#include <iostream>//Do not use iostream.h, there will be a lot of problems #include <iomanip>/IO Flow control header file, mainly some manipulation uses such as SETW (int n), SETPR ecision (int n), setbase (int n), Setfill (char c). |

▲SETW (N) Usage: In layman's terms, the preset width

such as COUT<<SETW (5) <<255<<endl;

The result:

Spaces (space) 255

▲setfill (char c) Usage: That is, in the preset width, if an unused width is already present, populate with the character C set

such as Cout<<setfill (' @ ') <<SETW (5) <<255<<endl;

The result:

@@255

▲setbase (int n): Converts a number to n.

such as Cout<<setbase (8) <<SETW (5) <<255<<endl;

Cout<<setbase (<<SETW) (5) <<255<<endl;

Cout<<setbase (<<255<<endl;)

The result:

(space) (space) 377

Spaces (space) 255

Spaces (space) FF

▲setprecision usage

Use Setprecision (n) to control how the output stream displays the number of floating-point numbers. The default stream output value for C + + is 6.

If Setprecision (n) is combined with setiosflags (ios::fixed), you can control the number of digits to the right of the decimal point. Setiosflags (ios::fixed) is a fixed-point representation of a real number.

If combined with setiosnags (ios::scientific), you can control the number of decimal places in exponential notation. Setiosflags (ios::scientific) is an exponential representation of real numbers.

For example, the following code represents a real number in floating-point, fixed-point, and exponential mode, respectively:

#include <iostream> #include <iomanip>**int**Main () {**Double** amount = 22.0/7; cout << amount << Endl; cout << setprecision (0) << amount << Endl << setprecision (1) << amount << Endl << setprecision (2) << amount << Endl << setprecision (3) << amount << Endl << setprecision (4) << amount << Endl; cout << setiosflags (ios::fixed); cout << setprecision (8) << amount << Endl; cout << setiosflags (ios::scientific) << amount <<endl; cout <<setprecision (6); Reset to original default settings &NBSP;&NBSP;&NBsp; return 0; } |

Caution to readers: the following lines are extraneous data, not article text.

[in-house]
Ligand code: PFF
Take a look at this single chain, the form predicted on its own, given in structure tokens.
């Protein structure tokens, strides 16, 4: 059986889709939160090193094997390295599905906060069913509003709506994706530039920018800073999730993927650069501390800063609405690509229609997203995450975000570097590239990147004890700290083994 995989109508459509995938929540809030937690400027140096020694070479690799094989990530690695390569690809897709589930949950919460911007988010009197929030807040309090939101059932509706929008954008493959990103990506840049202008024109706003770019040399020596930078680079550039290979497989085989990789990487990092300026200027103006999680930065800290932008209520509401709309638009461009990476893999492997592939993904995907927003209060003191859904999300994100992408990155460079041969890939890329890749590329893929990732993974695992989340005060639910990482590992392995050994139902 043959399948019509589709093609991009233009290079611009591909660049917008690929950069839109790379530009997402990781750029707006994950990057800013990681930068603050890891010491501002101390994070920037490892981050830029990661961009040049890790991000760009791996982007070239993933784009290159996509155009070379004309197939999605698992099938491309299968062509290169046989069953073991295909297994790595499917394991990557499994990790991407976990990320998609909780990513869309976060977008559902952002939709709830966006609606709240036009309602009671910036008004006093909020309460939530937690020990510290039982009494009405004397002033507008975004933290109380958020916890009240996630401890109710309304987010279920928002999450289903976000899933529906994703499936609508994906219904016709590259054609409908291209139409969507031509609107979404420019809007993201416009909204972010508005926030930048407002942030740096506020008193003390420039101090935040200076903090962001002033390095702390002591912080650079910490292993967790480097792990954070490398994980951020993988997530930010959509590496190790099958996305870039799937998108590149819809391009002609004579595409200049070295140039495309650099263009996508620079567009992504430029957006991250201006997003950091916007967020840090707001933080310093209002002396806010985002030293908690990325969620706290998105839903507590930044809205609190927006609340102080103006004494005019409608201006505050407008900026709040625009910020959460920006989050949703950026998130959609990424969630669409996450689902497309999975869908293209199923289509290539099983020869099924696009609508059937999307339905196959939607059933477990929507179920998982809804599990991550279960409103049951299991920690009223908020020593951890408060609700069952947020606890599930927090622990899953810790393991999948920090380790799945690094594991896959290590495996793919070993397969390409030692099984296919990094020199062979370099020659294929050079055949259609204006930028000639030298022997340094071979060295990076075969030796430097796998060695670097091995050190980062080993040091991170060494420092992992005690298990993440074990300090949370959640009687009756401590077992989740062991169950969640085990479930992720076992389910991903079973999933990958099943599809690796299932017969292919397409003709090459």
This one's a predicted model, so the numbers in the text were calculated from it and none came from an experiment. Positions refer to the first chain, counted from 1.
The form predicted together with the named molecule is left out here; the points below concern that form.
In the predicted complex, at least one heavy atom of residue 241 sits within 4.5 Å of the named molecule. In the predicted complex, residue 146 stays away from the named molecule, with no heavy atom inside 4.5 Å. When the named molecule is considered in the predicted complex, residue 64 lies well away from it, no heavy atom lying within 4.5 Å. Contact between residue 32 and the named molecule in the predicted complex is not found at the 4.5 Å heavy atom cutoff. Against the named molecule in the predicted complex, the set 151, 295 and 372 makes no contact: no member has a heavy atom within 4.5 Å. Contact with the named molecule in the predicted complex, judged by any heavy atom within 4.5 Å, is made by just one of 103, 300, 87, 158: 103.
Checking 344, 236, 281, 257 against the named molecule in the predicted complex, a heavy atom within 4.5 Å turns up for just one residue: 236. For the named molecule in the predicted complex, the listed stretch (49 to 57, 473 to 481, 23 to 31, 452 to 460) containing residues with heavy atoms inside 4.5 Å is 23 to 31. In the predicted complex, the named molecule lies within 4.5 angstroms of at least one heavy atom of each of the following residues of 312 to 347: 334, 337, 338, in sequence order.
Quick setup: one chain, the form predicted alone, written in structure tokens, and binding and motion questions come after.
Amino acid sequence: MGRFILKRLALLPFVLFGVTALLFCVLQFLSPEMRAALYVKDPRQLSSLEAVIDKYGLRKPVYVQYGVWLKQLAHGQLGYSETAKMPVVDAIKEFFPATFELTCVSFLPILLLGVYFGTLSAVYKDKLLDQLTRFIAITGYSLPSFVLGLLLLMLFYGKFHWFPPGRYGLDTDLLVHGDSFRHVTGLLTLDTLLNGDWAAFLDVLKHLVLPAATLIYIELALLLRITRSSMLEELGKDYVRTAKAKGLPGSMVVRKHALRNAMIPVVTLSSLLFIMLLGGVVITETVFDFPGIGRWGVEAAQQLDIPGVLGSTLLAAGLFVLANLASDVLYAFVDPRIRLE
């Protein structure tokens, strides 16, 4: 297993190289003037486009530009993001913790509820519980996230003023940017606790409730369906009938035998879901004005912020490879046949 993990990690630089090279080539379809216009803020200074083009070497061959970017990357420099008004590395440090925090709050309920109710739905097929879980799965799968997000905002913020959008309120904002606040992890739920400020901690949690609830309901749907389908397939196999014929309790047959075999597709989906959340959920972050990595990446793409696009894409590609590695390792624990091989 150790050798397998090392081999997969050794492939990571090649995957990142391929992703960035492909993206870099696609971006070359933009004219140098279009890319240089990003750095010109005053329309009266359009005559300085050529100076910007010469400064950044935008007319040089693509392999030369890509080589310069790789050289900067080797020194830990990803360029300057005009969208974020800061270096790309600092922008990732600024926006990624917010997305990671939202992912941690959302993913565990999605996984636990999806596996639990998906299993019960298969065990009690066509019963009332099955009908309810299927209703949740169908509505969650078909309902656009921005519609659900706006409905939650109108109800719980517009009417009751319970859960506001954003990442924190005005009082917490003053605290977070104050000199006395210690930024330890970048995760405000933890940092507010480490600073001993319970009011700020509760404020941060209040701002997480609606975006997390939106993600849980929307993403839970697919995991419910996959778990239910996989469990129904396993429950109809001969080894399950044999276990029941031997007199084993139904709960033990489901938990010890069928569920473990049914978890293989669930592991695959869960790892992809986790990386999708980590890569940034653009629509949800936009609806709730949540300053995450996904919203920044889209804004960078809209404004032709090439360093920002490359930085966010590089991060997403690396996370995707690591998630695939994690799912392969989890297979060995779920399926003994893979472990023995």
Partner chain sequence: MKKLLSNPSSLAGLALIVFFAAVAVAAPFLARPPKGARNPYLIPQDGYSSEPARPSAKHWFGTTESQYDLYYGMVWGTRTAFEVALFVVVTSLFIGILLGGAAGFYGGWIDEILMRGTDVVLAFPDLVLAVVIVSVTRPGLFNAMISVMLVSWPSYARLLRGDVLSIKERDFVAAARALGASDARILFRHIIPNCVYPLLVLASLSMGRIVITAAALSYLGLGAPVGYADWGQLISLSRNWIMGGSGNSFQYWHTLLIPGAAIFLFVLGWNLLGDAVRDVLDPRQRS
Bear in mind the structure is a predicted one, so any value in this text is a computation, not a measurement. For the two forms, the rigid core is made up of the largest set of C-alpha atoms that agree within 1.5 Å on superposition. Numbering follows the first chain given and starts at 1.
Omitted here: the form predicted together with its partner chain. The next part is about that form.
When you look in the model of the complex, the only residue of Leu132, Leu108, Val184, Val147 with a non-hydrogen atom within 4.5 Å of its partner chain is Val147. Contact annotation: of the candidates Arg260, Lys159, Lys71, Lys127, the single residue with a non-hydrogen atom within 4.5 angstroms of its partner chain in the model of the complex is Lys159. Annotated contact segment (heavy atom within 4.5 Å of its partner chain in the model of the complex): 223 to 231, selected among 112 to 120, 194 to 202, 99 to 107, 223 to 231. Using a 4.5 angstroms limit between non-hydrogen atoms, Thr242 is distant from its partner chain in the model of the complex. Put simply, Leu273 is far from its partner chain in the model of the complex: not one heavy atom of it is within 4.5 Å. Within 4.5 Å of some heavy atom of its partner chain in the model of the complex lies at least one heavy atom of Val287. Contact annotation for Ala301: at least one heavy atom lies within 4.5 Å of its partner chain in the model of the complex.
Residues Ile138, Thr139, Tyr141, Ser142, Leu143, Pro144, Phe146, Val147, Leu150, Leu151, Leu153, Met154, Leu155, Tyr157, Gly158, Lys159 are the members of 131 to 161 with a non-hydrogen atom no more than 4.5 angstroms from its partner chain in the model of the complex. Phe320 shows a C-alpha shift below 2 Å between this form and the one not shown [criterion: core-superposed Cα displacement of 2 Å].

The results of the operation are:

3.14286

3

3

3.1

3.14

3.143

3.14285714

3.14285714e+00

The program runs on a 32-bit machine.

In the output represented by floating-point, Setprecision (n) represents the number of significant digits.

Line 1th does not have a significant number of digits set before outputting the value. Therefore, the number of valid digits of the stream is set by default of 6: The 2nd output sets a significant number of digits 0,c++ the minimum number of significant digits is 1, so the number of significant digits is set to one view: line 3rd to 6th output is output by the number of significant digits set.

In the output represented by a fixed-point, Setprecision (n) represents the number of decimal places.

Line 7th output is shared with Setiosflags (ios::fixed). So Setprecision (8) sets the number of digits after the decimal point, not the total number of digits.

When outputting in exponential form, Setprecision (n) represents the number of decimal places.

Line 8th output uses Setiosflags (ios::scientific) to represent the output form of the exponential representation. The number of significant digits follows the last set value of 8.

SETW (n) is the Set field width.

is how many characters your output will take up.

Like what:

COUT<<SETW (5) <<12345<<endl;

On the output:

12345

COUT<<SETW (6) <<12345<<endl

output:

12345

If you want to output a character width that exceeds the n value of SETW (n), it is output by the width of the output character.

as your COUT<<SETW (4) <<12.3456<<endl;

on output 12.3456